If I were to refer to a giant, you'd have a pretty good idea what I mean, right? Or would you? While giants are all big and humanoid, they vary in a lot of ways. Some are only slightly larger than normal humans, while others are truly huge. Goliath's height is given in different versions of the Bible as "four cubits and a span" (about six and a half feet) and "six cubits and a span" (about nine and a half feet). The Nephilim are said in the Book of Enoch to be 300 cubits (about 450 feet) in height. The Gigantes and Hecatonchires were presumably large enough to move mountains. Most of the Norse Jotun didn't seem to be much bigger than humans or Aesir, but their ruler Utgard-Loki had a glove that Thor and his companions mistook for a building, and the primordial giant Ymir must have been planet-sized. When a creature can vary from eight feet tall to positively Himalayan, they're probably not all the same species, are they? Then again, using scientific terminology for beings that couldn't really exist, as the Square-Cube Law means a human frame that big would collapse instantly, might not be the best idea.


So what about ogres? As far as fairy tales go, I don't know that there's a whole lot of difference between giants and ogres. Well, that's not entirely true. It's more that there doesn't HAVE to be a difference. A large being that's basically humanoid but with grotesque features that eats regular-sized humans could be called either a giant or an ogre. The thing is, however, that some giants of mythology and folklore are friendly, helpful, intelligent, and even beautiful. Ogres pretty much HAVE to be mean, ugly, and dim-witted, or they wouldn't be ogres. I guess they could be considered a subset of giants that are less human than their fellows. The Wikipedia page says that the term dates back to twelfth-century French, and gives several possible derivations.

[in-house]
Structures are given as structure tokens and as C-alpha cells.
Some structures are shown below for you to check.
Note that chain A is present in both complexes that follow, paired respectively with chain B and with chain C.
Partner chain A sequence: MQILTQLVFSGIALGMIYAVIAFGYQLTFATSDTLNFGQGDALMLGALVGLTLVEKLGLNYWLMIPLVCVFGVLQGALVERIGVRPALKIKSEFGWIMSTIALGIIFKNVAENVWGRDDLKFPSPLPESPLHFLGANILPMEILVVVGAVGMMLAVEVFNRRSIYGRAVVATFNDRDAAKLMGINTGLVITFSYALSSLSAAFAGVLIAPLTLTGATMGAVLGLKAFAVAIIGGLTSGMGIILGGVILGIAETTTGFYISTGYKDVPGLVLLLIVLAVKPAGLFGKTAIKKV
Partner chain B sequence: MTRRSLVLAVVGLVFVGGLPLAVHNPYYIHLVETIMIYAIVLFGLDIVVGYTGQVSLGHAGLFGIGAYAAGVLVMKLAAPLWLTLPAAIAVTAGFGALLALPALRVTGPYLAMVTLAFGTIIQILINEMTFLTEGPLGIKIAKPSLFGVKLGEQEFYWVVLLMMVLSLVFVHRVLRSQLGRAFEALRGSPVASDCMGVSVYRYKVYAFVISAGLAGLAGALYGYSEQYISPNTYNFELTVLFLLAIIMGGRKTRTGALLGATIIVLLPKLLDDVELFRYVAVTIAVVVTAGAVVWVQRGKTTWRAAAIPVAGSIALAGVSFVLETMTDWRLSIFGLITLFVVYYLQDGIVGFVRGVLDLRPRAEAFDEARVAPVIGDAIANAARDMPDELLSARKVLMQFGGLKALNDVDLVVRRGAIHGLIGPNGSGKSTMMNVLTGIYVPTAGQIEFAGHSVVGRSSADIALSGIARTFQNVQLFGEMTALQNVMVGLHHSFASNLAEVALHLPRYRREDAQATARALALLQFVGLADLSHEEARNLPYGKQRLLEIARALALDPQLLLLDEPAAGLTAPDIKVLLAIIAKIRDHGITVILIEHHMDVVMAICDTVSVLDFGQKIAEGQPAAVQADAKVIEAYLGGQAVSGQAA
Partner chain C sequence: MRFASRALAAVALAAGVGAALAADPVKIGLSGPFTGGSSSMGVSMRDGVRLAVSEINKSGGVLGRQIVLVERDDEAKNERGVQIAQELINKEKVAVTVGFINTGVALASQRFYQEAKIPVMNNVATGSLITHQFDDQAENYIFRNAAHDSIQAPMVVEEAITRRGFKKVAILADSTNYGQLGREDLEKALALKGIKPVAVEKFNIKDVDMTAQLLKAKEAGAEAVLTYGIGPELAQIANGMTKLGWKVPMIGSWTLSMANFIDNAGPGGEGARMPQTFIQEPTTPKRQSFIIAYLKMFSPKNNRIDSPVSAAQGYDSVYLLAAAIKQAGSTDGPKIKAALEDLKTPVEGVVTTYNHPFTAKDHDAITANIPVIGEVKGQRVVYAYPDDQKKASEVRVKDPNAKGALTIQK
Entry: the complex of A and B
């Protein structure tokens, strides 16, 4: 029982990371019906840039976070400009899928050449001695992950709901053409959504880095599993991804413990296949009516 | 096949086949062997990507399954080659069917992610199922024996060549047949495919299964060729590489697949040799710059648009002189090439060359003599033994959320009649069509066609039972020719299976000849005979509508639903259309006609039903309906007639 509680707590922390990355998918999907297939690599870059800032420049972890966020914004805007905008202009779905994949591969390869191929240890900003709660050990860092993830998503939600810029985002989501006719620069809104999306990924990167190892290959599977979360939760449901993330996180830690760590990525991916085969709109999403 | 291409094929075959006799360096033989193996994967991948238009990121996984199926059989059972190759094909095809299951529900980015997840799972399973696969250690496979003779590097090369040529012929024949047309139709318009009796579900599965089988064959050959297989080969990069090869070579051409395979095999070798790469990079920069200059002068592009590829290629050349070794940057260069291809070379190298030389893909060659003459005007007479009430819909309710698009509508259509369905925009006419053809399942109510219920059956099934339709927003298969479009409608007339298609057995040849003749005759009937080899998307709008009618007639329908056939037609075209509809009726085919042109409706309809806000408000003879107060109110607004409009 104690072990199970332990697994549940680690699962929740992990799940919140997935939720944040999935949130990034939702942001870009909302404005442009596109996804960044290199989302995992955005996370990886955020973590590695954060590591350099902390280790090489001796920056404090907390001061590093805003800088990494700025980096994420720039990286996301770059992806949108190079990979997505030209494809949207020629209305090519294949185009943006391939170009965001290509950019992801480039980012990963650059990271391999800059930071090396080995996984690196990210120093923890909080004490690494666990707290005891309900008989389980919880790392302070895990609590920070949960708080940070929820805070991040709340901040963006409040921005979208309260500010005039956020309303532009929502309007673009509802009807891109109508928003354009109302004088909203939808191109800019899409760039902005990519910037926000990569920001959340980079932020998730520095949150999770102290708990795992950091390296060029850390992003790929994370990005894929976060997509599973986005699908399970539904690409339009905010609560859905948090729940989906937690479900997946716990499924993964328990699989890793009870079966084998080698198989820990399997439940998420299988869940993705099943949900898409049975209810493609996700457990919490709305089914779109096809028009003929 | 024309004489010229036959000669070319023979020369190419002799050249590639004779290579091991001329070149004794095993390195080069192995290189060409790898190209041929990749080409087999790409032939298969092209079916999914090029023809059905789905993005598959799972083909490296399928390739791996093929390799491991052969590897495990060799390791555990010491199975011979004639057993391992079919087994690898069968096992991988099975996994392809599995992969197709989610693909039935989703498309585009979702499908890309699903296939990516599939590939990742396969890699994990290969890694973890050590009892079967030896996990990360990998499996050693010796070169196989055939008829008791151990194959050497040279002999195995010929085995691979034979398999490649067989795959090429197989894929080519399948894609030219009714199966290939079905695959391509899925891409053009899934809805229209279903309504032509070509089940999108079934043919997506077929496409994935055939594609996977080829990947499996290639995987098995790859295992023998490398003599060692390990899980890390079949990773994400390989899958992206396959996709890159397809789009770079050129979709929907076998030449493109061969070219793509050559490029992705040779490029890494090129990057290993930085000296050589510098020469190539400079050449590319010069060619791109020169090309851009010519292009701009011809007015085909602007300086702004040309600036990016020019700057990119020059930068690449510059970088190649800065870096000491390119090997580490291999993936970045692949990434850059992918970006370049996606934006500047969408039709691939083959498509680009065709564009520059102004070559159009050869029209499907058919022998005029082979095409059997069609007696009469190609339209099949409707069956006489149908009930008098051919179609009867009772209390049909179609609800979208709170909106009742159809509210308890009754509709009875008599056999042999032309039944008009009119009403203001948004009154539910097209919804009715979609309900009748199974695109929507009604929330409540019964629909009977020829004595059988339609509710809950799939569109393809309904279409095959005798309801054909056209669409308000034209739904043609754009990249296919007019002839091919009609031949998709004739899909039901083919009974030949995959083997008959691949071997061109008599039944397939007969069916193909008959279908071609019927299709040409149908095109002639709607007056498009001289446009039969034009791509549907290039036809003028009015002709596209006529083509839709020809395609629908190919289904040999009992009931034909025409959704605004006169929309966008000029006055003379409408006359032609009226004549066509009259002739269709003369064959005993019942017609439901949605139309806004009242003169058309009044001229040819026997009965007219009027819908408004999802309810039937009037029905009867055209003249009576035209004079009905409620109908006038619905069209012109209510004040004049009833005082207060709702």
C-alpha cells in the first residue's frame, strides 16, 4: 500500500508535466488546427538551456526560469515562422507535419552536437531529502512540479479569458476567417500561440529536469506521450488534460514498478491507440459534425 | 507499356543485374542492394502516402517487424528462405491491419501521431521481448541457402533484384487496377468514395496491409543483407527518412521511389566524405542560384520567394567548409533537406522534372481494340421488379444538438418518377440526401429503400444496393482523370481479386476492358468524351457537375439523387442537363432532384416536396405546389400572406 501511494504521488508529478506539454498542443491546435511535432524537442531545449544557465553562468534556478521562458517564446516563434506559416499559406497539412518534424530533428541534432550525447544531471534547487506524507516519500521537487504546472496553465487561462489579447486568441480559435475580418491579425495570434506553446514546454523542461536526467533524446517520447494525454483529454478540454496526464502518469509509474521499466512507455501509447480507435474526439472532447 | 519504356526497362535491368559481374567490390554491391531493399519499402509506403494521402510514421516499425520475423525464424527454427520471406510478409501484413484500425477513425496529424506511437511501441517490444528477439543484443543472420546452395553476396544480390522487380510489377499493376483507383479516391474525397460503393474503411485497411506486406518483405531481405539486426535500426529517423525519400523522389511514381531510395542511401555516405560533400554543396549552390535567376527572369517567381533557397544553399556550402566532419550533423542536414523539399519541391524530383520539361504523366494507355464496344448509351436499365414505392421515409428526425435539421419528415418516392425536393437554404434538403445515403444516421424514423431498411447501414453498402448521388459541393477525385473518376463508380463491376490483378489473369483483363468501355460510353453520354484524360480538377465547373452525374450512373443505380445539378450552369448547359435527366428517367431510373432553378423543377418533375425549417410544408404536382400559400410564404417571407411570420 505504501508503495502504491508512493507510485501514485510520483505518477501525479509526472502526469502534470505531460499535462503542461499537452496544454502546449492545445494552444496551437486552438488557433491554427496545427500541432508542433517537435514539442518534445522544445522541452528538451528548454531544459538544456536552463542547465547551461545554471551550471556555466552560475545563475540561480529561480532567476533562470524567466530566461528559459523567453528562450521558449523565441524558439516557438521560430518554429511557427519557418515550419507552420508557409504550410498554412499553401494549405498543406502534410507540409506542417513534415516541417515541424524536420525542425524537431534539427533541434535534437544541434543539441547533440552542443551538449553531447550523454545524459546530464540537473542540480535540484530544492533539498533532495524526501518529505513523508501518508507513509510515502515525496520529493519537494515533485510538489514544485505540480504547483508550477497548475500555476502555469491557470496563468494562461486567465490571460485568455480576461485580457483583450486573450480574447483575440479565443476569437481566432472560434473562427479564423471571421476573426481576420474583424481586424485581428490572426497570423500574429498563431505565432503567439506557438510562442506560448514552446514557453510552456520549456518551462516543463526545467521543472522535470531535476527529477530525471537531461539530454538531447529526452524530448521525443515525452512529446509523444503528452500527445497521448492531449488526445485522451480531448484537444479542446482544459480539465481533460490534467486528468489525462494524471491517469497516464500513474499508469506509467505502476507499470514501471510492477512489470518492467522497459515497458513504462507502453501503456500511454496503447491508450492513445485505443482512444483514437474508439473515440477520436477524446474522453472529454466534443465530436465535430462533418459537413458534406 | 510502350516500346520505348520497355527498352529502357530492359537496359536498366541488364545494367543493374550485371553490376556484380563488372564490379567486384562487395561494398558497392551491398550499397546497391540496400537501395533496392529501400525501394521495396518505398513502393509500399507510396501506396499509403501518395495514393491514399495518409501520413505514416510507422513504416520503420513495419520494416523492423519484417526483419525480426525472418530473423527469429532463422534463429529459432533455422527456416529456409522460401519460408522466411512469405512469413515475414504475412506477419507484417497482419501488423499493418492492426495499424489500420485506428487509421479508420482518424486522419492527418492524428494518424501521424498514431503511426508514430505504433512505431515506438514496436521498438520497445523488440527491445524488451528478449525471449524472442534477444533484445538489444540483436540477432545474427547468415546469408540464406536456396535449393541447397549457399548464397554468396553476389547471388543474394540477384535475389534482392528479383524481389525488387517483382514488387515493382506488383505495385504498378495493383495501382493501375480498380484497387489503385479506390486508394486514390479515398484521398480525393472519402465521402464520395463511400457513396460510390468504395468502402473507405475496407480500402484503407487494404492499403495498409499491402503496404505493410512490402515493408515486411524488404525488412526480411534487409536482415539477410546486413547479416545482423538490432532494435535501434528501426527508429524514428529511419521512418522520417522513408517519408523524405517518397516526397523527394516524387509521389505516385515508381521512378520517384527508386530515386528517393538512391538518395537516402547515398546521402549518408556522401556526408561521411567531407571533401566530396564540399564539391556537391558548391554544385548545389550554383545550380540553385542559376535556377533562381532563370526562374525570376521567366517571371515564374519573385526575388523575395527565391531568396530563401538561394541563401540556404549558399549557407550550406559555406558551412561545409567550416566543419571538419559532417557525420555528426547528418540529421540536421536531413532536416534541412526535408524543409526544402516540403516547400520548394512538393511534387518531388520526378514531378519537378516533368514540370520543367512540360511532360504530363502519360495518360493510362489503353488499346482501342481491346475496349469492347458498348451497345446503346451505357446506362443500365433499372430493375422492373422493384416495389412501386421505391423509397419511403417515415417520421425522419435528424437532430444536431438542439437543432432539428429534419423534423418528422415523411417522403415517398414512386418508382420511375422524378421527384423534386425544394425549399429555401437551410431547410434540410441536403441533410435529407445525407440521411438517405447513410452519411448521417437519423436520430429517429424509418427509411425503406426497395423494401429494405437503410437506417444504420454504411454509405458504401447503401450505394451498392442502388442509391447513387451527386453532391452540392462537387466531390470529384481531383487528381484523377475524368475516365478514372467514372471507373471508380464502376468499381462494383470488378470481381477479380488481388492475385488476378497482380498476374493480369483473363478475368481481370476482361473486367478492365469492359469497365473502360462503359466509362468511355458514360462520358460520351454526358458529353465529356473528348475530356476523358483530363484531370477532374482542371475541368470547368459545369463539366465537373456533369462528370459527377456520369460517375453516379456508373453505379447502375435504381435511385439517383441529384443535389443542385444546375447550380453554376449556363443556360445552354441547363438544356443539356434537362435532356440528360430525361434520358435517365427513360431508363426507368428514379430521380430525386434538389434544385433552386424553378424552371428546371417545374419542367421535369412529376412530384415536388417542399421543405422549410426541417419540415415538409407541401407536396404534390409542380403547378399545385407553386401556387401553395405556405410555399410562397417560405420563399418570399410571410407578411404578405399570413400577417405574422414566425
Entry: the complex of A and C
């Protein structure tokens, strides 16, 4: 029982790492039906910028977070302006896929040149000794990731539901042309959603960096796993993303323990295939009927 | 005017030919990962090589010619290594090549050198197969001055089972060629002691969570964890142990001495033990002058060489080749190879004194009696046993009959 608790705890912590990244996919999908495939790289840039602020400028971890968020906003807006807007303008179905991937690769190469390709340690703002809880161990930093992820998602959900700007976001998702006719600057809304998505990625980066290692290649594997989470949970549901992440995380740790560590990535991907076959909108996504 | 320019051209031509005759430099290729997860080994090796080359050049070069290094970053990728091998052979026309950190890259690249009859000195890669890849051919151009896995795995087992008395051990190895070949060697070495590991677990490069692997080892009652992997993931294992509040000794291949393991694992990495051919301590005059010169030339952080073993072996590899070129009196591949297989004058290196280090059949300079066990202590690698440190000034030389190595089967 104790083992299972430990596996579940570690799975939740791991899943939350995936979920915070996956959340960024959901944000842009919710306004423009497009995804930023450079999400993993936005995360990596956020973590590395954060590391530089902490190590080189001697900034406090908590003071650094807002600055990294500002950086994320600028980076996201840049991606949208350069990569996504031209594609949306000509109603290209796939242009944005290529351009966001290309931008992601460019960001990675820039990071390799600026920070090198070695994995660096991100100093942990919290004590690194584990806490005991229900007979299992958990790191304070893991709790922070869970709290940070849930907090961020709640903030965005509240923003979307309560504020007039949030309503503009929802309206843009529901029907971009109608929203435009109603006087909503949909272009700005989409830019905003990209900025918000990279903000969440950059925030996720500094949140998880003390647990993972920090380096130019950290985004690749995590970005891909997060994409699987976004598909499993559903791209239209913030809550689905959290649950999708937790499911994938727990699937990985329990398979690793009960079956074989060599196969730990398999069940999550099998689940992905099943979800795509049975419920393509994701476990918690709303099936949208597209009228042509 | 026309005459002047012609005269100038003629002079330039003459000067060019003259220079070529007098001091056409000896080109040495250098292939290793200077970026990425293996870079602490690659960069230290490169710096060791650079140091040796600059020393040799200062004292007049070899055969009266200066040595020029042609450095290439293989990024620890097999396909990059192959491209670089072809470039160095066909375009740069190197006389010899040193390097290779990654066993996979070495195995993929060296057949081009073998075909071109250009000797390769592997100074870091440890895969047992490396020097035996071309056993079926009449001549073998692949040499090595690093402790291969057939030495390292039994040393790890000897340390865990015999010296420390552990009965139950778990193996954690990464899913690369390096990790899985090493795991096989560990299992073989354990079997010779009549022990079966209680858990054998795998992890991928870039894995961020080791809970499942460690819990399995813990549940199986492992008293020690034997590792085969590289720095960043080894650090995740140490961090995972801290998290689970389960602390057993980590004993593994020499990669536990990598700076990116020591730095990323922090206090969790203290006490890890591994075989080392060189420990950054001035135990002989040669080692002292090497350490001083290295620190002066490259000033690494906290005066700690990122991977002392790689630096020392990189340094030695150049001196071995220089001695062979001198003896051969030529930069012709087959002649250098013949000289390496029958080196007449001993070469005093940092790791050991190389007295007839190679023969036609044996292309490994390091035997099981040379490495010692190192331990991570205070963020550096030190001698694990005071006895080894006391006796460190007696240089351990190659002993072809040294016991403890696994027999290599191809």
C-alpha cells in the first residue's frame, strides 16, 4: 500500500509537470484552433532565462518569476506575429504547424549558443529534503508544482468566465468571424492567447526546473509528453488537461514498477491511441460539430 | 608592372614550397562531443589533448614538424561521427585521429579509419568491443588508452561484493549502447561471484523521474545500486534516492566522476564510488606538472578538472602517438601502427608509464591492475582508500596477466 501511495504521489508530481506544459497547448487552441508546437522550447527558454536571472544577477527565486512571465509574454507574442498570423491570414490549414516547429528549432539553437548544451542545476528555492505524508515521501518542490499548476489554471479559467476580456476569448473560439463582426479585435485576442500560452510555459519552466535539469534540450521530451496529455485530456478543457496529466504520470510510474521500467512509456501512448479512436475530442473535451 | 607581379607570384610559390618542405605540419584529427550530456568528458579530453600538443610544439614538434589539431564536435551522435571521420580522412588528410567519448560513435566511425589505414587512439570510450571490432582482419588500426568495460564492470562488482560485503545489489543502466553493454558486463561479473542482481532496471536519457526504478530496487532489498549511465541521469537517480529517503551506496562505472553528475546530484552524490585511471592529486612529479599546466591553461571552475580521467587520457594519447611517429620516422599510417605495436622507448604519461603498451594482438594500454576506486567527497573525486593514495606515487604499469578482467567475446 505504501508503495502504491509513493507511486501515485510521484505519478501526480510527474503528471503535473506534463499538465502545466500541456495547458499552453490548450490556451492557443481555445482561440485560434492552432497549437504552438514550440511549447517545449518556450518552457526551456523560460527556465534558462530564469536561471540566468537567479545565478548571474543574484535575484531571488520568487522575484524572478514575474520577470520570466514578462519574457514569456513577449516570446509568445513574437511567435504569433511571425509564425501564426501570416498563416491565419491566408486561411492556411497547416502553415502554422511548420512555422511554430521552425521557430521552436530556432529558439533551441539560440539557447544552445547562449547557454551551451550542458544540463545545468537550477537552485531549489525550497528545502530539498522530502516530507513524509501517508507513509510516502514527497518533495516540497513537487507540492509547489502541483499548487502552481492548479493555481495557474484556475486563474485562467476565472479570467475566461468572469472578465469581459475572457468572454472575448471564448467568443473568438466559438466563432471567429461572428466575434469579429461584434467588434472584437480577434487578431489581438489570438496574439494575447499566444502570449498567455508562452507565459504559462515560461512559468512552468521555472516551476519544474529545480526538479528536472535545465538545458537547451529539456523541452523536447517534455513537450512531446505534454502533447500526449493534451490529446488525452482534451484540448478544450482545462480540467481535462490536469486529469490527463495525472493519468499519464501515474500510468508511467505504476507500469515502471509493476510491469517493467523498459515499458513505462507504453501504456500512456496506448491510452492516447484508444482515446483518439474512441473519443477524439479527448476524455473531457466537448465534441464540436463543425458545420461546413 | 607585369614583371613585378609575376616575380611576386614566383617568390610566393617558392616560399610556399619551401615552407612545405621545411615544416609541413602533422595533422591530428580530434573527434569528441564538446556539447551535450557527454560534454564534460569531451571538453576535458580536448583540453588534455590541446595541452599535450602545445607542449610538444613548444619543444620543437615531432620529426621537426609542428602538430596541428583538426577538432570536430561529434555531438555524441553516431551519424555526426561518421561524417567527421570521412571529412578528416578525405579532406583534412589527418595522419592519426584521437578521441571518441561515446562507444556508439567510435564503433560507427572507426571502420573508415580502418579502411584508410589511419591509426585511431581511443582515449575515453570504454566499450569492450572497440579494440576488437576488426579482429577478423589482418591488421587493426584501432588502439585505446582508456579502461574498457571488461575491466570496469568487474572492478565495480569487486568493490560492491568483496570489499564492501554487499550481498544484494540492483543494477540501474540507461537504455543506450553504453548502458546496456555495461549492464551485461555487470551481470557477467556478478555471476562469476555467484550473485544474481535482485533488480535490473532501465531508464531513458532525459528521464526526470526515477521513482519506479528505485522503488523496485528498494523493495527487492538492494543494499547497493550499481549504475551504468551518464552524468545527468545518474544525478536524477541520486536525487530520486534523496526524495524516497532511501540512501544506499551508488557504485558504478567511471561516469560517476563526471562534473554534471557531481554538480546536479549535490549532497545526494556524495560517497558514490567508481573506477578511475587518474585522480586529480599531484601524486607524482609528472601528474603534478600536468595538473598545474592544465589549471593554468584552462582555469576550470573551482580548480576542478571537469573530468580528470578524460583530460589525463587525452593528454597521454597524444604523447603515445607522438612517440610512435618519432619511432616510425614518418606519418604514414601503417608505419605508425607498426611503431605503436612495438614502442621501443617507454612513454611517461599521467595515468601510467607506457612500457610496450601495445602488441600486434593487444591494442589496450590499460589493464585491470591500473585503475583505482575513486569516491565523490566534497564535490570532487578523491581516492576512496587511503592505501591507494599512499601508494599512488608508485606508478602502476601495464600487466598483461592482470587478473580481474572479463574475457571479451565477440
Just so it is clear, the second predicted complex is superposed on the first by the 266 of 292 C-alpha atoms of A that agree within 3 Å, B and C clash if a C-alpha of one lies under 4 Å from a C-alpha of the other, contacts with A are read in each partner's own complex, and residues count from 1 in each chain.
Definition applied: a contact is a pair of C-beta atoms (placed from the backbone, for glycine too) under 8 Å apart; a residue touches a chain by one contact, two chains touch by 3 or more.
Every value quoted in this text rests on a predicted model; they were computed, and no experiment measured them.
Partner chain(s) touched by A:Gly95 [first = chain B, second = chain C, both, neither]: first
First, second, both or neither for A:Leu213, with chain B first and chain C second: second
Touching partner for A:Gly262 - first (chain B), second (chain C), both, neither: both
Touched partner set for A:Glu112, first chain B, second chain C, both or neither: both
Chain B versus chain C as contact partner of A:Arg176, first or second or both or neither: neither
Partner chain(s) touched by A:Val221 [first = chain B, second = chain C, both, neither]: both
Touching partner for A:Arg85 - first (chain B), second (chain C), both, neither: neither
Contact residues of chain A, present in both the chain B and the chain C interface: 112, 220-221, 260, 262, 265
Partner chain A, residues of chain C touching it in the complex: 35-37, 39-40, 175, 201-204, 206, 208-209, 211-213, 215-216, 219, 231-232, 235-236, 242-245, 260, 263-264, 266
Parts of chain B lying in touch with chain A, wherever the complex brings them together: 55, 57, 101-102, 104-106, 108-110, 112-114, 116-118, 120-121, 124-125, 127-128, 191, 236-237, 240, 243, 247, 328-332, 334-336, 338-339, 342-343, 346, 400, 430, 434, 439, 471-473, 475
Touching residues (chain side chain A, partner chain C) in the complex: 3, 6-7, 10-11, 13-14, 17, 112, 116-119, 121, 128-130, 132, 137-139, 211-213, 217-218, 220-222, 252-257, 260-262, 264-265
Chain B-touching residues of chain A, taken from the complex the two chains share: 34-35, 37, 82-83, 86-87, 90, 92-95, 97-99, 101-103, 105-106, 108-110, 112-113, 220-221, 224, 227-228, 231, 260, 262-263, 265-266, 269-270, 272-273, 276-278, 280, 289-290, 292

There is, perhaps, even more confusion over trolls. These creatures of Norse mythology are often more or less interchangeable with giants and ogres, but other traditions say that they are essentially human-sized dwellers of forests and underground caves. Trolls are generally considered to have magical powers, and in some parts of Scandinavia, the stories told about them were similar to ones about fairies in other parts of Europe. Modern popular culture still provides several different takes on trolls. The Scandinavian folk tale of the Three Billy-Goats Gruff makes its troll a ravenous creature that lives under a bridge and is easily fooled, which would make it not all that different from your typical ogre. But we also can't forget the troll dolls that gained popularity in the early sixties and have enjoyed occasional resurgences since then. I remember them being big in the mid-nineties, when I was in high school. These trolls are hardly ogrish brutes, but instead cute creatures with brightly-colored hair. Tolkien's trolls are large and uncouth humanoids that turn to stone in the daylight, a trait that he probably took from tales of the Norse dwarves. Terry Pratchett's Discworld series expands upon this idea of Tolkien's by having trolls made of rock, and saying that they freeze up in the daylight because they can't handle the heat. Their silicon-based brains are similar in operation to computers, so trolls in warmer areas tend not to be very bright. Sunscreen and devices like the cooling helmet Sergeant Detritus wears have enabled trolls to function more smoothly in cities. Oh, and for what it's worth, the term "troll" for an Internet agitator presumably comes not from the monsters but from the fishing term, although it works pretty well with both definitions.